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cellophane

[sel-uh-feyn] /ˈsɛl əˌfeɪn/
noun
1.
a transparent, paperlike product of viscose, impervious to moisture, germs, etc., used to wrap and package food, tobacco, etc.
adjective
2.
of, made of, or resembling cellophane.
Origin
1910-1915
1910-15; formerly trademark
Dictionary.com Unabridged
Based on the Random House Dictionary, © Random House, Inc. 2014.
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British Dictionary definitions for cellophane

Cellophane

/ˈsɛləˌfeɪn/
noun
1.
trademark a flexible thin transparent sheeting made from wood pulp and used as a moisture-proof wrapping
Word Origin
C20: from cellulose + -phane
Collins English Dictionary - Complete & Unabridged 2012 Digital Edition
© William Collins Sons & Co. Ltd. 1979, 1986 © HarperCollins
Publishers 1998, 2000, 2003, 2005, 2006, 2007, 2009, 2012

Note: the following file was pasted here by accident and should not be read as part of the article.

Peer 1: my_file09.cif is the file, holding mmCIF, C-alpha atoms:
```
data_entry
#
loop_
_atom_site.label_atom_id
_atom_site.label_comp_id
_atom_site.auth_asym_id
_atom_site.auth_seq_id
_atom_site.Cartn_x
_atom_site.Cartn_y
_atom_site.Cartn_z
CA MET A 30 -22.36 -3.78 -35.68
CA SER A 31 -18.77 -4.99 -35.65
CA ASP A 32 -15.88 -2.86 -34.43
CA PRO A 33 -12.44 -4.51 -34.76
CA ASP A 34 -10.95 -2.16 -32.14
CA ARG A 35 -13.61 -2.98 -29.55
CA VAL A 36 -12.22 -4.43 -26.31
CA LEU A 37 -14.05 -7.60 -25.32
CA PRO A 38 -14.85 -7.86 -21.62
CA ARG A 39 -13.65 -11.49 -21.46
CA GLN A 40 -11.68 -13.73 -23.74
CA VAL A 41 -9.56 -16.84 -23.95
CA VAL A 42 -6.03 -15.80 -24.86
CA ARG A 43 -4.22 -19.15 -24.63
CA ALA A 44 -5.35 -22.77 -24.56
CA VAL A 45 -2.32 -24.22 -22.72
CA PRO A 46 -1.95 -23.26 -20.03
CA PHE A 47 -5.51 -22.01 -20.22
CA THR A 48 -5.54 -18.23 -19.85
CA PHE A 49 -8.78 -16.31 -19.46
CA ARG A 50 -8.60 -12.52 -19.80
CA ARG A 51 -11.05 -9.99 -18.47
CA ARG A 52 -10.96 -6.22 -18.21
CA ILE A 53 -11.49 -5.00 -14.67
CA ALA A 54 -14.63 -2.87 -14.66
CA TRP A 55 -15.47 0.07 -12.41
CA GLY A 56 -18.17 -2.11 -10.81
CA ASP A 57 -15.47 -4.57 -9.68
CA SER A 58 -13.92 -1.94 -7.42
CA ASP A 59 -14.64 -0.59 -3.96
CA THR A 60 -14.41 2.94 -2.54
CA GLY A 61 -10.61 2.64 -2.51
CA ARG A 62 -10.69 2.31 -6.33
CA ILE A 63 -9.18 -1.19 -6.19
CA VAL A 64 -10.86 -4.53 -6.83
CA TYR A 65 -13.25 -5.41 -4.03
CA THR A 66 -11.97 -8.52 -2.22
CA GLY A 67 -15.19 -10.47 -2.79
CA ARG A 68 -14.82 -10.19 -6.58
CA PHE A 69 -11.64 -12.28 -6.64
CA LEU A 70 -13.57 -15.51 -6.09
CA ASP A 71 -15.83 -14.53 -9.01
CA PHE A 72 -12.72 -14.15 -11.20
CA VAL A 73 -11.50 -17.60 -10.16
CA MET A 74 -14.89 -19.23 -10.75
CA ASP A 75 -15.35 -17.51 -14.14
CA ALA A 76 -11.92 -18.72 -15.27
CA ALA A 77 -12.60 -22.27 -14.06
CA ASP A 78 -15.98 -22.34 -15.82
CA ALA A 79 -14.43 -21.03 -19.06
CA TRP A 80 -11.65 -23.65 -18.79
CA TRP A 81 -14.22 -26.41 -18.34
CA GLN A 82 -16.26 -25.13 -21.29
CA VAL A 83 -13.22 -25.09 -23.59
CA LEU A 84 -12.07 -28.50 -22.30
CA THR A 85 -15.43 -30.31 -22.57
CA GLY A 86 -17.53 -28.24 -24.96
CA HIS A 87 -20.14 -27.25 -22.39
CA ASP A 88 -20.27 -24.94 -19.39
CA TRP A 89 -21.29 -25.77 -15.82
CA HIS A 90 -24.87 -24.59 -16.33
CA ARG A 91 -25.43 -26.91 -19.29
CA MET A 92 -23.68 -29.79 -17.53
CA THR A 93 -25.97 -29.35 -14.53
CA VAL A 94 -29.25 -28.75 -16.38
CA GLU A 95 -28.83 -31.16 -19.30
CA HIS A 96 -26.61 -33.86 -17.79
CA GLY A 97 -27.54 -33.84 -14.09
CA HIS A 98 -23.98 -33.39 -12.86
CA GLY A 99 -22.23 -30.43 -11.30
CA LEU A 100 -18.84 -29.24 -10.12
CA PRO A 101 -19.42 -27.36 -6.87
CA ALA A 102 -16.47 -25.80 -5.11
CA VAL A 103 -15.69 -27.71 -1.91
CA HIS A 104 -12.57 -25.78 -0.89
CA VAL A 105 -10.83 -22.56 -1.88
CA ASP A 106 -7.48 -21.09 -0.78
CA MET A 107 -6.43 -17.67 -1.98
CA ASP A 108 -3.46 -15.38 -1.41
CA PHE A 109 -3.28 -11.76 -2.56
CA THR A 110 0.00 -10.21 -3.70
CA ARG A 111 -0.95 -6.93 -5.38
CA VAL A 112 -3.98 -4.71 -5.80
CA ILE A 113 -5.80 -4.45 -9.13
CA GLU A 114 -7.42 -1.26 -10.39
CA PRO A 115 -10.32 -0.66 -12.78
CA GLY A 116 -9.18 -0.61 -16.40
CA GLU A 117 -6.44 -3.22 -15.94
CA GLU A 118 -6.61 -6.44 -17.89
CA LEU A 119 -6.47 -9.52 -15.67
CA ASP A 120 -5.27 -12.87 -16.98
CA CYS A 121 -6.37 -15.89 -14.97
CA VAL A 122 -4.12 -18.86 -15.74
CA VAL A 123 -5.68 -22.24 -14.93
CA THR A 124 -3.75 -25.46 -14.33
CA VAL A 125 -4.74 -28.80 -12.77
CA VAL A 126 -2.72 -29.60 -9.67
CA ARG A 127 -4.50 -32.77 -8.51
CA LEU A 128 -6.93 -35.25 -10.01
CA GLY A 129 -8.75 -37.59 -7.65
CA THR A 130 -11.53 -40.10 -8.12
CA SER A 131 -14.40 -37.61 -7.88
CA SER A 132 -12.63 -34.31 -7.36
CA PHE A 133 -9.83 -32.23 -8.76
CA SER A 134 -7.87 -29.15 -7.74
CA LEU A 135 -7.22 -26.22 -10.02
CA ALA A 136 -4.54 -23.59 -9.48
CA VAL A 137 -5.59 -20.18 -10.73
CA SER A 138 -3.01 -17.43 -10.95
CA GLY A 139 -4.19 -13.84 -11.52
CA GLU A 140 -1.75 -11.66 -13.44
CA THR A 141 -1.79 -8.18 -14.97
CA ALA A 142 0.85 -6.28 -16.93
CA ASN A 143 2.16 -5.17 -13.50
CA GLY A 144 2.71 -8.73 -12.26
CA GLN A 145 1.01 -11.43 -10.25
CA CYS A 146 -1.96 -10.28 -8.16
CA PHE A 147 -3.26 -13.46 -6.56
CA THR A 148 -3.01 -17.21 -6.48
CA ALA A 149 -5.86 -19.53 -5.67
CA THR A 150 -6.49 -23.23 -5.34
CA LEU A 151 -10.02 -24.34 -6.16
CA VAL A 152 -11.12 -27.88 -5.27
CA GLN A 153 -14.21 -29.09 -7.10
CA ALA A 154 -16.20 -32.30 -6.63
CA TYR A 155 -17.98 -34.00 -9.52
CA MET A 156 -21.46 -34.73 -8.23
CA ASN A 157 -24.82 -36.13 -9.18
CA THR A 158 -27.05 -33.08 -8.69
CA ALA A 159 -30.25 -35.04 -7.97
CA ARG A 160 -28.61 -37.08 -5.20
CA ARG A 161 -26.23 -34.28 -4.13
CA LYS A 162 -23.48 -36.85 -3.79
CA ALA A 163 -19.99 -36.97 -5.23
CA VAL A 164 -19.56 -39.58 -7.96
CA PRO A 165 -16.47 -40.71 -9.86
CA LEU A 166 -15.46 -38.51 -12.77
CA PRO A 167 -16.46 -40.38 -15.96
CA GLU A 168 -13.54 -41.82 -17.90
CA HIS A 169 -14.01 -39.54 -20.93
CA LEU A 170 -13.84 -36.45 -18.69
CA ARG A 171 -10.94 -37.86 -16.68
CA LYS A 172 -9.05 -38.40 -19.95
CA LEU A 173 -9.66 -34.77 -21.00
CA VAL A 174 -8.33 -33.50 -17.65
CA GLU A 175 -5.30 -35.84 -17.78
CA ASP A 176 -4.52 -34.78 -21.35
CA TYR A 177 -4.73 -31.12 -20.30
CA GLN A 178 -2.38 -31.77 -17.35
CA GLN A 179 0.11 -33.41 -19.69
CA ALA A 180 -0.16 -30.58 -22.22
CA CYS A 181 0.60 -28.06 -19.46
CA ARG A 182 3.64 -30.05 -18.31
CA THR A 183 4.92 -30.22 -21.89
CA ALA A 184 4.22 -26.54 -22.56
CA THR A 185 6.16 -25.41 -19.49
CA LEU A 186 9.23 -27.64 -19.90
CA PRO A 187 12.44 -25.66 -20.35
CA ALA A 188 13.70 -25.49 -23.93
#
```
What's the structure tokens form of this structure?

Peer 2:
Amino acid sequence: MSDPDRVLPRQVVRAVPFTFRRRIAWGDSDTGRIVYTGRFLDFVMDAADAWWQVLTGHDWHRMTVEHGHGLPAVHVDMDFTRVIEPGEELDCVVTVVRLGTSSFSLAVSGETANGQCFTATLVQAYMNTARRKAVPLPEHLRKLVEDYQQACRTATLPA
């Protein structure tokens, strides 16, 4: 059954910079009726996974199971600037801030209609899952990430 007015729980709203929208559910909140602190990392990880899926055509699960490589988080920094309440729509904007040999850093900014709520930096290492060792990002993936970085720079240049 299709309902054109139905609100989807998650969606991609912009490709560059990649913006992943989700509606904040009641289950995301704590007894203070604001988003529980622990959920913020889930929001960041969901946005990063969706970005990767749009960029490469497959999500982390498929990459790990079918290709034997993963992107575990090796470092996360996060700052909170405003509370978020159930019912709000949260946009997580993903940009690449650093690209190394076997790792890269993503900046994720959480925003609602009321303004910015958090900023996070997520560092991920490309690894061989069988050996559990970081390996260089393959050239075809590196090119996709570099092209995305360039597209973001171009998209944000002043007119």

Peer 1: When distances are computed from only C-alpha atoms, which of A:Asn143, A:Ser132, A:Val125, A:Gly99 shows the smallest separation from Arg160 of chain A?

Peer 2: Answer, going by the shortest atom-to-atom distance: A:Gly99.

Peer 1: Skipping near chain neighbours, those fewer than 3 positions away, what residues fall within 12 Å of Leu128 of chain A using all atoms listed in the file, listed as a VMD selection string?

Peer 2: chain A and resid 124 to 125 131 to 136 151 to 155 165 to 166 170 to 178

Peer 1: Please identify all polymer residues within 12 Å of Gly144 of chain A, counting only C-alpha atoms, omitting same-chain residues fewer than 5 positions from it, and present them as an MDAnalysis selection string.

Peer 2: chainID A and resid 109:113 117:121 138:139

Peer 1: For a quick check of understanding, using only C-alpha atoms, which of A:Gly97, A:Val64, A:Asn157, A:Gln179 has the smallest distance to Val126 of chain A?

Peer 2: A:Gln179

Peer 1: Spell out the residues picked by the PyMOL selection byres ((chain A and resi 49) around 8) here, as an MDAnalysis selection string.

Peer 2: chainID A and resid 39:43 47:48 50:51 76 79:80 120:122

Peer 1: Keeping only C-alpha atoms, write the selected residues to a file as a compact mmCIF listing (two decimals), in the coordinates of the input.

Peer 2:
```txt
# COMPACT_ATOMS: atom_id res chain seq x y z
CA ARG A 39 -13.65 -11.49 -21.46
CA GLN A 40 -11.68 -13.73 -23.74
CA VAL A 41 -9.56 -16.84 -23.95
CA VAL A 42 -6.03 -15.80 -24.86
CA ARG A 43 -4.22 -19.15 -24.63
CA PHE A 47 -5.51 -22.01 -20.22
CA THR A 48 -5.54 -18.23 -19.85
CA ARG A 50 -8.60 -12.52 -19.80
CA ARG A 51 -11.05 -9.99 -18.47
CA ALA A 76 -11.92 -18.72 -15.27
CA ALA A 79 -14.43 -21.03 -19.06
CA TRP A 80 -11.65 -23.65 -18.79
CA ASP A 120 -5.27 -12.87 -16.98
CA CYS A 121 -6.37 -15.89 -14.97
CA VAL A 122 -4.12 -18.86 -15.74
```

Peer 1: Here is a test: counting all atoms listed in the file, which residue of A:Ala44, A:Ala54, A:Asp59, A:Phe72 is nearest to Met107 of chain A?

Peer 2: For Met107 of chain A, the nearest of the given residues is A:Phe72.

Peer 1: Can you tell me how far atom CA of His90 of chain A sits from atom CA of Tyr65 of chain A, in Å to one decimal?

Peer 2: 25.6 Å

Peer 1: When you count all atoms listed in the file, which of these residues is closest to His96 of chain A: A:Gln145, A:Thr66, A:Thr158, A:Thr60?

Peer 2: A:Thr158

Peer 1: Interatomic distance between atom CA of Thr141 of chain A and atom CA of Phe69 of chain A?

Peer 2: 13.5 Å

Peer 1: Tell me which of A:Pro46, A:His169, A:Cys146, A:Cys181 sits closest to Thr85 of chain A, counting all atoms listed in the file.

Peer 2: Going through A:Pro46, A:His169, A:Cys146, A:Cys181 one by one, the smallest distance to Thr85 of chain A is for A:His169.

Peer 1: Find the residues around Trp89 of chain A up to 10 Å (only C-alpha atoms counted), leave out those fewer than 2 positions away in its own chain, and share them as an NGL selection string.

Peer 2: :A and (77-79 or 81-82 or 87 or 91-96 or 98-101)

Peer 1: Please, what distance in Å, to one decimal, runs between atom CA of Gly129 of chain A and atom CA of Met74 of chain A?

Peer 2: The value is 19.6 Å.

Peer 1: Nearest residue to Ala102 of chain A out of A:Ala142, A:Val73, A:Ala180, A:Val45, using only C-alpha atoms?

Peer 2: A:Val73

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Word Origin and History for cellophane
n.

1912, trademark name for a flexible, transparent product made from regenerated cellulose, coined by the inventor, Swiss chemist Jacques E. Brandenberger (1872-1954), probably from cell(ulose) + o + phane, from Greek phainein "to appear" (see phantasm).

Online Etymology Dictionary, © 2010 Douglas Harper
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Encyclopedia Article for cellophane

regenerated cellulose extruded into thin, flat, transparent sheets. Extrusion through a small hole or spinneret produces a fibre, rayon. Highly impermeable to dry gases, grease, and bacteria, cellophane is used chiefly to package food and other perishables. It is frequently given a moisture-proof coating and is sometimes dyed.

Learn more about cellophane with a free trial on Britannica.com
Encyclopedia Britannica, 2008. Encyclopedia Britannica Online.
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